X-COM UFO Defense, or as it is also known, X-COM Enemy Unknown is a turn based strategy game developed by Mythos Games and published by Microprose in 1994. The storyline is as follows: Earth faces more and more incursions and reconnaissance missions by alien creatures whose purposes are not quite clear (in the beginning). An international project is founded, the X-COM. X-COM's mandate is to find out, what is behind the increasing visits by the aliens, and if necessary, to stop them.
The game is the first in a whole line of games, some not newer than a few months (now, in 2020). It is a well received game, that is however, notorious for putting players patience and tenacity to the test. Especially for beginners it sometimes feels just downright unfair, as under (literally) unfortunate circumstances, the random generator generates situations, that are difficult to master, even on easier level settings. As the original game is from 1994, the graphics looks accordingly old. Newer variations of the game of course changed its technical makeup but also adapted the game mechanics. But the basic principle of turn based strategy is one of the features, veteran players find the most significant reasons for its success.
The game is divided in two different settings. One is kind of a global surveillance, the so-called Geoscape, where you can monitor UFO activity within your radar installations reach. You can control the speed of in-game time passing. Whenever an event happens, the time is stopped, so that the player may chose some sort of reaction to that situation. This can be anything from finished production or research to UFO appearances, landings, alien attacks and the monthly report/assessment by the X-COM funding council.
The other setting is the so-called Battlescape, where the actual turn based strategy game mechanics applies. You can control a number of human soldiers as well as certain automated weapons platforms (kind of small tanks). Your mission types can be one of the following list:
In any case, if you lose all your units, you lose the mission. Depending on the mission type, that can mean only losing scores and a transport craft. If you loos a base defense mission, you lose the entire base.
The aliens also have mission objectives, e. g.:
At this point a hint: For someone who doesn't know X-COM yet, the tech tree should not matter for now. You should have played X-COM 1 or 2 at least once without hints. Otherwise the fun factor might be lost faster than necessary. The tech tree looks like this:
The game does not feature any multiplayer of any kind. It is strictly a Singleplayer campaign-like game. The original also did not feature keyboard inputs aside from entering text. All the rest of the controls were implemented to be done via the mouse, incl. right clicks (gives you important options on the battlescape).
You can only win the game in one way.
You can lose the game in either one of the following four ways:
The first one was actually never possible, as due to a bug the game never let's you lose the funding of Russia.
In the beginning you start only with human technology, meaning normal rifles, pistols, rocket launchers, grenades and tanks. Same goes for your interceptors and transport craft, as well as their armament. While conducting recovery missions of crash landed UFOs and other missions you encounter different aliens, dead and alive, as well as numerous alien items, such as weapons or materials. Yous scientists can do research on them, improving your situation by adding the alien military capabilities to your own, as well as improving base- and craft technology made by humans. Many researched items can then be produced by your engineers.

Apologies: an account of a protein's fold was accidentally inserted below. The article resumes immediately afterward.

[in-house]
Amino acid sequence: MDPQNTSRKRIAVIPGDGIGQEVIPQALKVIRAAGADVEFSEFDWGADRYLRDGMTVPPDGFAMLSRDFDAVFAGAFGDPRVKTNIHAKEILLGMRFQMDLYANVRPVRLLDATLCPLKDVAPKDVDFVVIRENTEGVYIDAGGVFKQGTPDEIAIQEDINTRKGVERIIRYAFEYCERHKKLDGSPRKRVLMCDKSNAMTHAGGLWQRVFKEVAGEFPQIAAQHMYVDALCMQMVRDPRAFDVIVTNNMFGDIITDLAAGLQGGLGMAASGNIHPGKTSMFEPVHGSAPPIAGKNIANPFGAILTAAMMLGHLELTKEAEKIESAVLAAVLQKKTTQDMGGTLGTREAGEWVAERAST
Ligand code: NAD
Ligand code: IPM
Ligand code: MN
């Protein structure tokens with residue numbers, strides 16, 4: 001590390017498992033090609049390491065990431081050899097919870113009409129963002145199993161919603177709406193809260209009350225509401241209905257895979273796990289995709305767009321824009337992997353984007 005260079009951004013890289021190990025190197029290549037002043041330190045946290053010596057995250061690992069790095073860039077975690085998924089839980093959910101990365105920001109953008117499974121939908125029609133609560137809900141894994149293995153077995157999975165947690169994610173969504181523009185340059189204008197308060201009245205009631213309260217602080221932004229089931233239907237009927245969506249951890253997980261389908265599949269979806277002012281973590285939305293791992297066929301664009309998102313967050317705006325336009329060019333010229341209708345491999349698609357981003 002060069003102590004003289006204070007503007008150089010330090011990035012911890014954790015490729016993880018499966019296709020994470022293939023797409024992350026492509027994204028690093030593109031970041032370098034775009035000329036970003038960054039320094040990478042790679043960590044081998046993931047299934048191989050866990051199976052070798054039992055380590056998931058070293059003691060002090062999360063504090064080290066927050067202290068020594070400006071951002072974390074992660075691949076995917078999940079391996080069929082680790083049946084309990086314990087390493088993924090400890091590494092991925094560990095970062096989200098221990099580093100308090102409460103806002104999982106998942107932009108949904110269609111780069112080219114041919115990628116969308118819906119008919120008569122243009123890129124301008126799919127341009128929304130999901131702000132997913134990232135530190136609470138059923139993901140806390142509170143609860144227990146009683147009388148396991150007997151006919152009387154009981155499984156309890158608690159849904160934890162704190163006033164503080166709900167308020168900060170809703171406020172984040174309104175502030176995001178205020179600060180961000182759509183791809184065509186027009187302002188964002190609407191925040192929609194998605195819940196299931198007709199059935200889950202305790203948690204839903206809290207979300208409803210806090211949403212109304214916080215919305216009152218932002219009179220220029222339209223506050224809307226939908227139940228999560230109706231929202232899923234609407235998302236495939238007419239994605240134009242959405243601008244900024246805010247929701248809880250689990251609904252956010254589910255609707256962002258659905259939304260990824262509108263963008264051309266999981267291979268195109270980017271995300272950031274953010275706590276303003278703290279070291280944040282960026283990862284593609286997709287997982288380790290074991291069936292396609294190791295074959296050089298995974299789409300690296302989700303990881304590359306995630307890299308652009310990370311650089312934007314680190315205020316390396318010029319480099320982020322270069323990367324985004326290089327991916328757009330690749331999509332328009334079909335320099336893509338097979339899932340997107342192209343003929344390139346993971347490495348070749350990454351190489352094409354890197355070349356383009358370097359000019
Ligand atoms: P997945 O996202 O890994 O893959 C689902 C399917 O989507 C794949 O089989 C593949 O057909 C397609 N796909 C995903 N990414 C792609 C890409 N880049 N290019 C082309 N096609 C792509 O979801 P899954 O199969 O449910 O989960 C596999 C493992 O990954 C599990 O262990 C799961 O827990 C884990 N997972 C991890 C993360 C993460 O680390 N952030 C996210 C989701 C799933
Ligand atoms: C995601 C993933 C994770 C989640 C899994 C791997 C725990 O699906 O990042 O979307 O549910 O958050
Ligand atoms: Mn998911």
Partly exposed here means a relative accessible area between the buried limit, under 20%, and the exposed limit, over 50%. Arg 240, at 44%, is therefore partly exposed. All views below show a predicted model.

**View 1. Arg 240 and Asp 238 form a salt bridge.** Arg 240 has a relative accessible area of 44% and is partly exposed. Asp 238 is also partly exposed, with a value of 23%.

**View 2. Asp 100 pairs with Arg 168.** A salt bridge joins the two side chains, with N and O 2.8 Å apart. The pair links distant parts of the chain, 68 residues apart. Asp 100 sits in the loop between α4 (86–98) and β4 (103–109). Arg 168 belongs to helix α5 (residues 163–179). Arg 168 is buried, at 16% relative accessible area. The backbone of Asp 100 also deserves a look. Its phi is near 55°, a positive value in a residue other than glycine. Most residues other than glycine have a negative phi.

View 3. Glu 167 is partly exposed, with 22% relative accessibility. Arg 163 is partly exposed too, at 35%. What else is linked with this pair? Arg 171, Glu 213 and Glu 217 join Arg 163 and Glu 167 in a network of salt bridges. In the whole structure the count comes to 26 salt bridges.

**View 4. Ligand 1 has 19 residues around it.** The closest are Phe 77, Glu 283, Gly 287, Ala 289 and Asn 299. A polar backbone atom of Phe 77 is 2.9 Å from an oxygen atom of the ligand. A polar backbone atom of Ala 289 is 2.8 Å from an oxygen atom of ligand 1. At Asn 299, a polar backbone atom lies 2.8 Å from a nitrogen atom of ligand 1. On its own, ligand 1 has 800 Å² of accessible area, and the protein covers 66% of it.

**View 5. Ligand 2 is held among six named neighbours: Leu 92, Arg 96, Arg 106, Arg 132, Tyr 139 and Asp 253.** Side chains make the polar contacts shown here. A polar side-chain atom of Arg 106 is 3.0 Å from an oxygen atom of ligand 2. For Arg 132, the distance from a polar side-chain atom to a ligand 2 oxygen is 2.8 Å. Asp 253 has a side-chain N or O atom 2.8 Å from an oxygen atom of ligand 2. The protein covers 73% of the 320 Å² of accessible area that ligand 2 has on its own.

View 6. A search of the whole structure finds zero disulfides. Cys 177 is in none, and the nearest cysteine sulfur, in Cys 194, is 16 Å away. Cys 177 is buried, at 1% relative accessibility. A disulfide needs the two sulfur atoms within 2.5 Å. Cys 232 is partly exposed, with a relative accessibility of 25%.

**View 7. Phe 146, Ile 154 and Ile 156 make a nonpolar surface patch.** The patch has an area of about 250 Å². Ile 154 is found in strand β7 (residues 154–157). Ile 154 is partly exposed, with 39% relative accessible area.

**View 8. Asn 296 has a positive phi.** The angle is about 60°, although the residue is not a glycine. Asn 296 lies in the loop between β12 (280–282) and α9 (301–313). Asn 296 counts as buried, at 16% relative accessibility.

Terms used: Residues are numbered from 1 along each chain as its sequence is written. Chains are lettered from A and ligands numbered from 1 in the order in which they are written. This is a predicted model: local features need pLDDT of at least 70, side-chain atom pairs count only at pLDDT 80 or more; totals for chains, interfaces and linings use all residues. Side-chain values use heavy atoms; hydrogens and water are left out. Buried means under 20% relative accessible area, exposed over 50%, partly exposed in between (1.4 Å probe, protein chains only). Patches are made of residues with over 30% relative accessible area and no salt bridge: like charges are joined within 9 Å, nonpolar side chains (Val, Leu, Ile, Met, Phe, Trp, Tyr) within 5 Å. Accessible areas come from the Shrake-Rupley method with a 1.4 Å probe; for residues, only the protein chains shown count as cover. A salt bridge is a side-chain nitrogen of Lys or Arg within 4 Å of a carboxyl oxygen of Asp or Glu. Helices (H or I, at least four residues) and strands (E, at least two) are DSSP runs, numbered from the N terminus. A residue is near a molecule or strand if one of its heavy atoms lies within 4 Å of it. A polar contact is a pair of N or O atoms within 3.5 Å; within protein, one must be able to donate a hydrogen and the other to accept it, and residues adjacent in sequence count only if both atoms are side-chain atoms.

An important part is the selling of recovered and produced items. This also includes the ability to build new items and selling them afterwards. Certain items can be used as income leverage, making more expensive items from cheaper ones, or produce items investing only money. Especially in the beginning, money is scarce as the funding nations do not give you unlimited currency. So producing and selling have an important role in the game.
The money itself is spent on production jobs, your staff (soldiers, scientists and engineers), leased craft, and maintenance and extension of your bases. During each month you cannot have negative amounts of money. But if your expenses from base maintenance and salary of staff are higher, than your income + currently possessed money, you can end up with negative money after a month. If this happens twice in a game, you lose it.
The research follows a predefined tech-tree. Some items unlock certain research, other research is unlocked by previous research results. Some research items are available right from the start. Some research items are necessary in order to win the game, other items are strictly prose, so they serve no actual in-game purpose.
An experienced player knows the intricacies and priorities of research, which makes the game easier, once you have played it at least on time to the end. This also allows to vary the game play by emphasizing some strategies or technologies more than other. But as described above, some research elements are a must in order to finish the game successfully.
There are a number of different alien races the player may encounter. Those reign from “classic” small grey creatures to flying and mind controlling species. All of them have certain advantages and disadvantages. They are however, dangerous to varying degree. All of them are lethal when using their weapons on you, but some are more resilient or have other traits, that make them particularly dangerous.
The game makes many references to pop culture, like the grey Sectoid aliens, or a material described as element 115. Also alien abductions and experiments on cattle are incorporated in the games story.